Effects of Pulsatile Perfusion on Human Saphenous Vein Vasoreactivity: A Preliminary Report
This study examined the effects of exposure to arterial blood pressure and flow on human saphenous vein catecholamine sensitivity. Unused portions of saphenous vein from eight patients undergoing peripheral bypass procedures were mounted parallel in a specially designed organ culture apparatus and perfused with tissue culture medium with 95% CO2 at 37°C. One segment was fixed between two cannulas while the medium was gently agitated (control) and the other was actively perfused via a pulsatile pump system at a rate of 60 beats/min, peak pressure of 100 mmHg and peak flow of 200 ml/min (pulsed; mean pressure 60 mmHg; mean flow 115 ml/min). After 48 h, vein segments were removed and tested for in vitro isometric contraction in response to KCI, norepinephrine and histamine, and relaxation in response to acetylcholine, calcium ionophore A23187, and sodium nitroprusside. There were no differences in mean(s.e.m.) maximal contraction in response to KCI (control 0.61 (0.16) g versus pulsed 0.72(0.27) g; P = n.s.), norepinephrine (control 1.00(0.56) g versuspulsed 1.51(0.54) g;P = n.s.), or histamine (control 1.47(0.85) g versus pulsed 1.95(0.64) g; P = n.s.). However, pulsed veins exhibited increased sensitivity to both norepinephrine (control −logED50 6.20(0.23) versus pulsed mean(s.e.m.) 6.60(0.17); P < 0.05) and histamine (control −logED50 5.60(0.27) versus pulsed 6.24(0.20); P = 0.05). Pulsed veins exhibited slightly less acetylcholine-induced relaxation although the difference did not reach statistical significance (control mean(s.e.m.) relaxation at 1 × 10−6M 9.2(14.0)% versus pulsed −13.3(6.4)%; P = n.s.). There were no differences in relaxation in response to either A23187 (control 1 × 10−4M 178(19)%versus pulsed 191(68)% or sodium nitroprusside (control 225(15)% versus pulsed 254(17)%;P = n.s.). The data presented herein indicate that exposure of human saphenous vein to the hemodynamics of the arterial environment for 48 h results in catecholamine supersensitivity while contractile and relaxant function are not affected.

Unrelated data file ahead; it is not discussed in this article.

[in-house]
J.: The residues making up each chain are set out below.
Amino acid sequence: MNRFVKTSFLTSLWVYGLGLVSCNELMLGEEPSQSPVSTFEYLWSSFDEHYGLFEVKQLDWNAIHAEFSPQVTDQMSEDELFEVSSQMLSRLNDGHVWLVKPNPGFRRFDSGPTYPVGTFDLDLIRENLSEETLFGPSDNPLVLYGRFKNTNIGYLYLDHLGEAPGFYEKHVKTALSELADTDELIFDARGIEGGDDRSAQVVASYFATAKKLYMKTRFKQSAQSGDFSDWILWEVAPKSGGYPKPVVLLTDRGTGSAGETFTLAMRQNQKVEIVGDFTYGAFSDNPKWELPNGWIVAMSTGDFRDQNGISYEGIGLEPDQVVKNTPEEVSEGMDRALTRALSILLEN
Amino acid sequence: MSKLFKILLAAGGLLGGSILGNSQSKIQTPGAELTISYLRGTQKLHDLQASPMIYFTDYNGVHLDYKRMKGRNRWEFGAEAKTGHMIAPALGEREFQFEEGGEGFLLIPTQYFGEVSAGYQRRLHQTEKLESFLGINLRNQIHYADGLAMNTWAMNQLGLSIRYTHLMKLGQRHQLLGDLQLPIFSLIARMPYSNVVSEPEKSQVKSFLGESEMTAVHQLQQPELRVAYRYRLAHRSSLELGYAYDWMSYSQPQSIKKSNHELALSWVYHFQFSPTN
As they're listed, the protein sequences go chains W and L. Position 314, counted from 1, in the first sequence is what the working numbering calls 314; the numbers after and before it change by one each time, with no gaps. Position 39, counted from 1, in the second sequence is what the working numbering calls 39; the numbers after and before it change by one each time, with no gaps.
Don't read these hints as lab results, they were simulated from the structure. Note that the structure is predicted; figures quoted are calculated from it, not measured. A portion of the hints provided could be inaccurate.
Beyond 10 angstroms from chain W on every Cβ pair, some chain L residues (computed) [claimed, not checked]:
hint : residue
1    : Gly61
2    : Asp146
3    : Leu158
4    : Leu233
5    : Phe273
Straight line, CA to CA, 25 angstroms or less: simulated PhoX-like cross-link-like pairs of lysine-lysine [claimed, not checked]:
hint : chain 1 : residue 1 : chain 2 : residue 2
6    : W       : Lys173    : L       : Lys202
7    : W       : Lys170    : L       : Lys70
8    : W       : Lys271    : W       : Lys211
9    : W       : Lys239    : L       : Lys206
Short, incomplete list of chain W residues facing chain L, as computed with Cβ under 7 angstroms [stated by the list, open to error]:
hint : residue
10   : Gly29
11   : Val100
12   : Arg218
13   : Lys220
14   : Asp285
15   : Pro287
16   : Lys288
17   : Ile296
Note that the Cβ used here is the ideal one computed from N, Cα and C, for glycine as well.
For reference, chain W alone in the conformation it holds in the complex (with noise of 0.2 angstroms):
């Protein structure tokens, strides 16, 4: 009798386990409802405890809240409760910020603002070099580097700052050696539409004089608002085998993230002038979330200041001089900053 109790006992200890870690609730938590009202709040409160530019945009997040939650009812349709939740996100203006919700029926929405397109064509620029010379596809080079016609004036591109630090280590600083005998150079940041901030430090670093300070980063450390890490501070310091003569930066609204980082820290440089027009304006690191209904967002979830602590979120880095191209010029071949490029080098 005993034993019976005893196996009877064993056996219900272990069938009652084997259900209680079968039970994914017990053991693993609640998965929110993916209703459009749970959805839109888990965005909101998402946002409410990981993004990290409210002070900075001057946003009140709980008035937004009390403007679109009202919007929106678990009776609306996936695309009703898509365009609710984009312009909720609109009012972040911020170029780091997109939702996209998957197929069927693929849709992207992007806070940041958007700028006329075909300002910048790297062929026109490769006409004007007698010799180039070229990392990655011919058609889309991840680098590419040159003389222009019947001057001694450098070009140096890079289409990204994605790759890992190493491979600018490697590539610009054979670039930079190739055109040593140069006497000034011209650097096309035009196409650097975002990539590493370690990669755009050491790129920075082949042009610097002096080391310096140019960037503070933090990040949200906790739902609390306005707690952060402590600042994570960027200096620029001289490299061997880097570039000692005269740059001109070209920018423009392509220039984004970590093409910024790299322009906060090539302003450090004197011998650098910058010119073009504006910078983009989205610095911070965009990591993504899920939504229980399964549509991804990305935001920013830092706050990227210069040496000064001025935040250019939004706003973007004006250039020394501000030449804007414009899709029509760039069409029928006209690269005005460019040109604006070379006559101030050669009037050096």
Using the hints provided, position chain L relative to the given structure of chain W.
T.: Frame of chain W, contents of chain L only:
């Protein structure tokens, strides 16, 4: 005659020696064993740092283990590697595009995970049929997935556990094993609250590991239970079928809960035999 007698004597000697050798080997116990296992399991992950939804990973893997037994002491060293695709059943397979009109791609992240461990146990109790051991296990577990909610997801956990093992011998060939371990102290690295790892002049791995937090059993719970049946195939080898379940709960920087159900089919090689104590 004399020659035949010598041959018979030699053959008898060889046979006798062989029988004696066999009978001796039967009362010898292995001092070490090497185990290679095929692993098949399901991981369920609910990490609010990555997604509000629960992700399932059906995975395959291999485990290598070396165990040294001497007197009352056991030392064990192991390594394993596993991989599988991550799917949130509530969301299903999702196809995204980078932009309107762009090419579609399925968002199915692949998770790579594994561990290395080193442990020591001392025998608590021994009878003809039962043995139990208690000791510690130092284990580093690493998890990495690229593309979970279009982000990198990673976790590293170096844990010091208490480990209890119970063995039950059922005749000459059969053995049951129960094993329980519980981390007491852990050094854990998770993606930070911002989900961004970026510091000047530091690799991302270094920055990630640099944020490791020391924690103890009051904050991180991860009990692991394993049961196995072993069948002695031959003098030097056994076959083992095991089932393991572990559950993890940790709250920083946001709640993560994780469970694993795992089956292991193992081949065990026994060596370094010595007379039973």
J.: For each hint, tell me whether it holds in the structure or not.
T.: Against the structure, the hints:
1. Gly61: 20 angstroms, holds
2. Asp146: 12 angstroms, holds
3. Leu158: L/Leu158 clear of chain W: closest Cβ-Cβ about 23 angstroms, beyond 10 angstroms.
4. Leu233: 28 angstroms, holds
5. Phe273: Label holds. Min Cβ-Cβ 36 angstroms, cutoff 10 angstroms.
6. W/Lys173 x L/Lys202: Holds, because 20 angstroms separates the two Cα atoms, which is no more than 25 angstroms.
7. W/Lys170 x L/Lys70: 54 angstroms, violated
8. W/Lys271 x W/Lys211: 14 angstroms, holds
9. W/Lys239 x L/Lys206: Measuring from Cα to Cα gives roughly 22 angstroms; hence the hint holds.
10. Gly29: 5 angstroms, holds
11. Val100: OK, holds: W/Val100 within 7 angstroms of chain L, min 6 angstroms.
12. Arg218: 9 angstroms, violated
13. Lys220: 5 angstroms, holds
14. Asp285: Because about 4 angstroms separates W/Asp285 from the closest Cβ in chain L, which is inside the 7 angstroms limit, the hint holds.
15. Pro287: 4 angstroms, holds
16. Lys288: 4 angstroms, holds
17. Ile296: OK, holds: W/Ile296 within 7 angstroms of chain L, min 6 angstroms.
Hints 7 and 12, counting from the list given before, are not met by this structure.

Schwartz, L. B.,
Purut, C. M.,
Massey, M. F.,
Pence, J. C.,
Smith, P. K.,
& McCann, R. L.
(1996). Effects of Pulsatile Perfusion on Human Saphenous Vein Vasoreactivity: A Preliminary Report. Cardiovascular Surgery, 4 (2), 143-149.